If you’re looking for a nice wine to buy for yourself or as a gift, odds are you probably avoid wines that come in a box. Boxed wine — or really any wine not in a glass bottle — carries with it a stigma: quantity over quality.
A new company in Walla Walla, Washington is hoping to overthrow that stigma with an e-commerce line of bagged vino. Irreverent Wines is a subscription service that chooses to package their wine in bags because it’s cheaper for the consumer and better for the environment. The service launched today and is now shipping nationwide.
Irreverent’s founder, Chris Dukelow, was a former CFO for tech startups in the Seattle area and began making wine out of his garage a few years ago. He then got the idea to start putting wine in pouches, which he said are cheaper and more environmentally friendly than bottles. “A pouch is a great container for wine,” he told me over the phone last week. “It’s recyclable, self-standing, can sit in the refrigerator or counter, [and is] great to throw in your backpack if you’re going camping.” In short, it can do most things that wine bottles can, but is lighter and more easily recyclable.
All of Irreverent’s wines are sourced from independent and family-owned vineyards in Washington and Oregon, including Irreverent’s own grapes. The company offers the full gamut from reds to whites to rosés (though no sparkling because the liquid wouldn’t keep its fizz in the pouch). According to Dukelow, the wines Irreverent ships would retail for around $30 a bottle.
By putting them in pouches, Irreverent is able to sell the wine for a significantly cheaper price. A 1.5-liter pouch (the equivalent of 2 bottles) costs $39-$49 a month, and a 3-liter pouch (the equivalent of 4 bottles) costs $49-$59 per month. There’s also an option to add an additional pouch of wine to each shipment for $39. Members mark their wine color preferences on Irreverent’s site and the company sends them a different style or blend every month.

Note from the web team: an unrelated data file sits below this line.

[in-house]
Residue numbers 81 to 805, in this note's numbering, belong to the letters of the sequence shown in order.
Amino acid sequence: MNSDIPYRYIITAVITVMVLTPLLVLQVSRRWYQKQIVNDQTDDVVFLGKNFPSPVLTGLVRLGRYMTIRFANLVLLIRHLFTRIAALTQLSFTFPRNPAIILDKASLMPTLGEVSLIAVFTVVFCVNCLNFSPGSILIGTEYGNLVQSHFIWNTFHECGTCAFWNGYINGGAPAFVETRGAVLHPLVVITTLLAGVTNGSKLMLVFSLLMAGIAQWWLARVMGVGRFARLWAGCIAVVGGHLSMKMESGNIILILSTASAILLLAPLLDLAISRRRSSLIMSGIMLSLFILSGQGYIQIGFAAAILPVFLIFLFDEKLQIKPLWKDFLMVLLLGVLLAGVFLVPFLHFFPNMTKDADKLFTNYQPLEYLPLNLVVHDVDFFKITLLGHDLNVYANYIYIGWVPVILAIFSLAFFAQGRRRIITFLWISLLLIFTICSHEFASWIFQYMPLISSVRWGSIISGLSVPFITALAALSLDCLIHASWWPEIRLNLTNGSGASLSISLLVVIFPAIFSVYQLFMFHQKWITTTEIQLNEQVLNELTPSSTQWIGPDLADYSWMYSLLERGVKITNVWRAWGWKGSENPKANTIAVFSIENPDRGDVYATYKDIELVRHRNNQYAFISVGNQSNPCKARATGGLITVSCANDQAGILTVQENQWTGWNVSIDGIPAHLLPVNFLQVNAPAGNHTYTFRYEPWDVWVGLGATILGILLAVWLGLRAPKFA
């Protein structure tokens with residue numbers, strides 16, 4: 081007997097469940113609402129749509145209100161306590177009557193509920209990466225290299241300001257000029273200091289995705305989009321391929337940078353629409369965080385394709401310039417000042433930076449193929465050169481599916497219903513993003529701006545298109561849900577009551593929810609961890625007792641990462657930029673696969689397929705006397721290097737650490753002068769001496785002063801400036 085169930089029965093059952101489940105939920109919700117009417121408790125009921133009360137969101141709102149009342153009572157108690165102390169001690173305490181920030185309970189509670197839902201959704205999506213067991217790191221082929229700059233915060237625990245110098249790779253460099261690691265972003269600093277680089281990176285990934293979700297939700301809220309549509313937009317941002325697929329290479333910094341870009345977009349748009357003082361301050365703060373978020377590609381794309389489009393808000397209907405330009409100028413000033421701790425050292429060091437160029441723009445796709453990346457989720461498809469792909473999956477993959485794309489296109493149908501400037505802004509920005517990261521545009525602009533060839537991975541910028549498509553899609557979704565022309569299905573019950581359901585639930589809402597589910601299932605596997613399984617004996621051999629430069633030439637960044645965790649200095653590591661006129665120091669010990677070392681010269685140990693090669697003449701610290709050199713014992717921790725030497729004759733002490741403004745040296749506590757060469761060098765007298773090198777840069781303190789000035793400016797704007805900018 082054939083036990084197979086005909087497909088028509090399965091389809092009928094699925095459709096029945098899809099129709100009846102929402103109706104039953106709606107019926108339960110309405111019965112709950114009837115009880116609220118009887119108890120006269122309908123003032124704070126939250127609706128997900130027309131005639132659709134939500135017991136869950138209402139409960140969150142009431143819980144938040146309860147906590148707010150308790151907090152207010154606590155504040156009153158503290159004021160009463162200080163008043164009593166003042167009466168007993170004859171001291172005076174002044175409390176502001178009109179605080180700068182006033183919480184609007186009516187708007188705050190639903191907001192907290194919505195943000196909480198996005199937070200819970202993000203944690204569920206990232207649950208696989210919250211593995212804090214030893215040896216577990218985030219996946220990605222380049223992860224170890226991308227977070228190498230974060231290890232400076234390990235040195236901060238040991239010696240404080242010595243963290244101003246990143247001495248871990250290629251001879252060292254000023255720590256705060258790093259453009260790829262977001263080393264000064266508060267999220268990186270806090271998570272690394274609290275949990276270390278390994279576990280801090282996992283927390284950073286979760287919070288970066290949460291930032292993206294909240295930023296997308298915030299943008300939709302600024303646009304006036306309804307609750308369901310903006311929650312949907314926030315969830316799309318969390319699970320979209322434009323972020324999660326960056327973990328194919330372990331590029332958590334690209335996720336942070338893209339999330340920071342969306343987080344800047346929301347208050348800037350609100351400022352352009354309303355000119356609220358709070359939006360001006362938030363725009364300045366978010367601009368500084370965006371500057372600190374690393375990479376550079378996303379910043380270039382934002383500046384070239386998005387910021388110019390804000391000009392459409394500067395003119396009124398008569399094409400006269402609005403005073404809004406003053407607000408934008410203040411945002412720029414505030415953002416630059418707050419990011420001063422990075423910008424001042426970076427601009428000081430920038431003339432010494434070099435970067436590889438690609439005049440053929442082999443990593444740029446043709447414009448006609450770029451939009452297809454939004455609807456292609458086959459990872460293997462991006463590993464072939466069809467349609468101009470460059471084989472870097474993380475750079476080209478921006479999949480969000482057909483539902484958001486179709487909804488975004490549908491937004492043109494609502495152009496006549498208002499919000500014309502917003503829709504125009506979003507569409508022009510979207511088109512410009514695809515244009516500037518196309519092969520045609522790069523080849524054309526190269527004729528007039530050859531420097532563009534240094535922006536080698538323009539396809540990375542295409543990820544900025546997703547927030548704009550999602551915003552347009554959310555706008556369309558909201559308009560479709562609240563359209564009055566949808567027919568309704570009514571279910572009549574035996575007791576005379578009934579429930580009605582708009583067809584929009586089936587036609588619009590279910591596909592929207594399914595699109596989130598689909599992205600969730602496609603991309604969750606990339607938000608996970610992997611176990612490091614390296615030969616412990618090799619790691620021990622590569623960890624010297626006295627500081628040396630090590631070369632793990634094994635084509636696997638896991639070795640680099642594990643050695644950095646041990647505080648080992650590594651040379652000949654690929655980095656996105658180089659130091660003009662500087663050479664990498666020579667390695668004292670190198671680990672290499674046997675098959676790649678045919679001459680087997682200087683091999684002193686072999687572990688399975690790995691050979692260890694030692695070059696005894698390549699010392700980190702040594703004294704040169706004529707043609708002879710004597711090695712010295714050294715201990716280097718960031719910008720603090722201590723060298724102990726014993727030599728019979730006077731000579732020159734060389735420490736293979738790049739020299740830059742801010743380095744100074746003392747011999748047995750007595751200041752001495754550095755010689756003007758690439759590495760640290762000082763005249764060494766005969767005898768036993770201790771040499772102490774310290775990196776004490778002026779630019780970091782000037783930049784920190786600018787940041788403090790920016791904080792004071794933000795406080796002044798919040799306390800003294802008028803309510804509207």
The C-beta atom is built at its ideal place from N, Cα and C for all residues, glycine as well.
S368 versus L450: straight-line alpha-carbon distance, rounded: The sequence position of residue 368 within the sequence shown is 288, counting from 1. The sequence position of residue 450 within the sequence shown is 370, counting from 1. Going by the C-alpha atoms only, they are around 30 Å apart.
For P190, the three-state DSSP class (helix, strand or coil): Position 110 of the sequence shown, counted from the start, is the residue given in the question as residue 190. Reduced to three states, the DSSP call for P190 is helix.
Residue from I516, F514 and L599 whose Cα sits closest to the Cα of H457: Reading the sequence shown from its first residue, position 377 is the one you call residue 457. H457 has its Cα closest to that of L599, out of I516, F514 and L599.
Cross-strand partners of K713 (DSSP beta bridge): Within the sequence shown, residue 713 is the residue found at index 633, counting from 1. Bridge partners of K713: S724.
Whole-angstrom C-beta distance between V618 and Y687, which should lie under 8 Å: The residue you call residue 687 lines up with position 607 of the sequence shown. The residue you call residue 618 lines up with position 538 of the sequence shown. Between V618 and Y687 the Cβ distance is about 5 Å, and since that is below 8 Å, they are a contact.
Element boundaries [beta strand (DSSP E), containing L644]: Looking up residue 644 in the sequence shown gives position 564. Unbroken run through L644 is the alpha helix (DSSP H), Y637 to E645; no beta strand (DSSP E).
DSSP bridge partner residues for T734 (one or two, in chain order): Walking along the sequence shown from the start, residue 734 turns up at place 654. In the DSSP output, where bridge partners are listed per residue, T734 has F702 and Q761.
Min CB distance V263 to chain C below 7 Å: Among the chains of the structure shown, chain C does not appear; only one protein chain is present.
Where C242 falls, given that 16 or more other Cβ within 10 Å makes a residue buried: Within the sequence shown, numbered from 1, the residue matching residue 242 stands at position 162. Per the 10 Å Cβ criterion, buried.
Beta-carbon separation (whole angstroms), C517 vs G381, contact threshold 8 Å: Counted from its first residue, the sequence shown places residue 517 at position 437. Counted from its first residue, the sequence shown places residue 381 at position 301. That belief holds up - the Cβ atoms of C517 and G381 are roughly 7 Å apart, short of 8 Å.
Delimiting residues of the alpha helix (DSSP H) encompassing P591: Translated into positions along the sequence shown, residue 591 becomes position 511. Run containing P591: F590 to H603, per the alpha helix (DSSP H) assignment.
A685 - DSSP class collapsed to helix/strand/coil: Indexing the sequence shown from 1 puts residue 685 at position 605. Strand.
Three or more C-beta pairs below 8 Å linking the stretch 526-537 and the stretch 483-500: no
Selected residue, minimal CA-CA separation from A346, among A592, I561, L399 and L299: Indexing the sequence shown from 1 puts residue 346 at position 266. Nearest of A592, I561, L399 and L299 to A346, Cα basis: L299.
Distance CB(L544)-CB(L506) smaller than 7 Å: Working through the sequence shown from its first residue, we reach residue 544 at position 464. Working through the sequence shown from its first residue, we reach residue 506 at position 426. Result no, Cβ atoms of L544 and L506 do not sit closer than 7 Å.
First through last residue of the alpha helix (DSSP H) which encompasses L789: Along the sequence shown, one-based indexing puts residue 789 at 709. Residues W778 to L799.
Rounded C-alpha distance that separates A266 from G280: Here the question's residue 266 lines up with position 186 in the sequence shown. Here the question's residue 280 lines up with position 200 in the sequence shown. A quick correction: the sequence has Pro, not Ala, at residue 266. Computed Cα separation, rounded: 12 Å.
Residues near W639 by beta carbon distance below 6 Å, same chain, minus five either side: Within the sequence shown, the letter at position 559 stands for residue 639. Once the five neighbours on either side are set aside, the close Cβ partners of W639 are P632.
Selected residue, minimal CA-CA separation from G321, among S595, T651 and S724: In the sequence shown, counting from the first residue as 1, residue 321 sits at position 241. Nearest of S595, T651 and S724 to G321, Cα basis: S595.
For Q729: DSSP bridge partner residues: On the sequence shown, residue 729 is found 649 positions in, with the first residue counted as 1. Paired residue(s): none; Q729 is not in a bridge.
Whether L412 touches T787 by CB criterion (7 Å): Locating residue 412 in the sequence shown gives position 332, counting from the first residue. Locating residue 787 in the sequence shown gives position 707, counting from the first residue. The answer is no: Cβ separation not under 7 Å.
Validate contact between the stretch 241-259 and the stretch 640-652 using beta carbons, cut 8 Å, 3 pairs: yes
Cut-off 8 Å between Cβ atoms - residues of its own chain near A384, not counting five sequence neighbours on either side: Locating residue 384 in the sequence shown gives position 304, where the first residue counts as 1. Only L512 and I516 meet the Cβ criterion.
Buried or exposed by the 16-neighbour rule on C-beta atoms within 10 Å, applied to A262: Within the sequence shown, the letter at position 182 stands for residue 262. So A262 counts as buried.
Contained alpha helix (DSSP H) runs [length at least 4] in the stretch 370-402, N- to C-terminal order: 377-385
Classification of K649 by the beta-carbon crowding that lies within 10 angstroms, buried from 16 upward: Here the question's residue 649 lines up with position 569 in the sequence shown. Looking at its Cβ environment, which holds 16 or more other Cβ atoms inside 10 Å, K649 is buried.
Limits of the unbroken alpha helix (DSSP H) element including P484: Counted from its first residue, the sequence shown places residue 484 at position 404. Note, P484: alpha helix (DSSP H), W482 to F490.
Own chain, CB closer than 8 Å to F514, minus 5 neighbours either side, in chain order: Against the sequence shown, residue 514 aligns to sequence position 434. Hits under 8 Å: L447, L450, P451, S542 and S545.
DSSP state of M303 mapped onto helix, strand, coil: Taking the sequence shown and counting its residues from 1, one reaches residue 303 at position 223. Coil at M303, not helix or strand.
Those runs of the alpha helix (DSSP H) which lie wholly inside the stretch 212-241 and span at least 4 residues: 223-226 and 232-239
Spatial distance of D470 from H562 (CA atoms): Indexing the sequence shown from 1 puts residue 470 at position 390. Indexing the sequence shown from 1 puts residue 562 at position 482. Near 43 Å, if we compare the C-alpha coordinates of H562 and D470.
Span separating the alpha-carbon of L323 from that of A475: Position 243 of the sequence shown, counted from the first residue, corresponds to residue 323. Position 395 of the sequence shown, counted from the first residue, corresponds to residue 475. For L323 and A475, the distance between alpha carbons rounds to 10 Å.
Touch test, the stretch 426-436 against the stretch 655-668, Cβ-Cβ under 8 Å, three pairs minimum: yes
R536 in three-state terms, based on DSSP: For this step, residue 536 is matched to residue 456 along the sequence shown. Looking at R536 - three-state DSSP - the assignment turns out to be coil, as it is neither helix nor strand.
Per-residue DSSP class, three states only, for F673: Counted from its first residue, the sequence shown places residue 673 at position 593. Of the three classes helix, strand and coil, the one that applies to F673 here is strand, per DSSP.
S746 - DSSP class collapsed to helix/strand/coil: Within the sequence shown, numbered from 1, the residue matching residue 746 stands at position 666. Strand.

Bagged wine stays fresh for four weeks by keeping the wine away from oxygen; consumers use a spout at the bottom to extract only as much wine as they want right then. That means you can have a glass with dinner without having to worry that the wine could go bad. “It’s more flexible,” Dukelow told me. Bottles of wine, on the other hand, generally only last a day or two once opened. Bagged wine is also easier and cheaper to ship than bottles, which are heavy and breakable.
I was able to try Irreverent’s bags wine and found the whole experience frictionless and — most importantly — delicious. The wines arrived in a fully recyclable box; since they didn’t need to be chilled, I didn’t have to dispose of any pesky ice packs or styrofoam. I popped the rosé in the fridge and kept the red wine out on my counter. Over the next week, my roommates and I enjoyed grabbing as much or as little wine as we wanted in the evenings from the pouches. Both wines were light and crisp — perfect for warmer weather — and the wines stayed fresh for days.
Irreverent isn’t the only company trying to make shipping liquids easier. In Italy, Olivery ships olive oil refills in plastic pouches that can fit through a mail slot. So can the flat wine bottles from Garçon Wines.
Considering our current global state, improved shipping methods are actually critical. As much of the country continues to shelter in place due to COVID-19, consumers are increasingly looking for ways to get goods delivered so they don’t have to brave crowded grocery stores. Considering many of us are also drinking more during quarantine, Irreverent Wines just might be coming around at the right time to upend our notion of boxed wine.
Dukelow told me that they were already planning to start Irreverent this year, but that COVID-19 had definitely “accelerated” the timeline. “It’s a good time to launch.”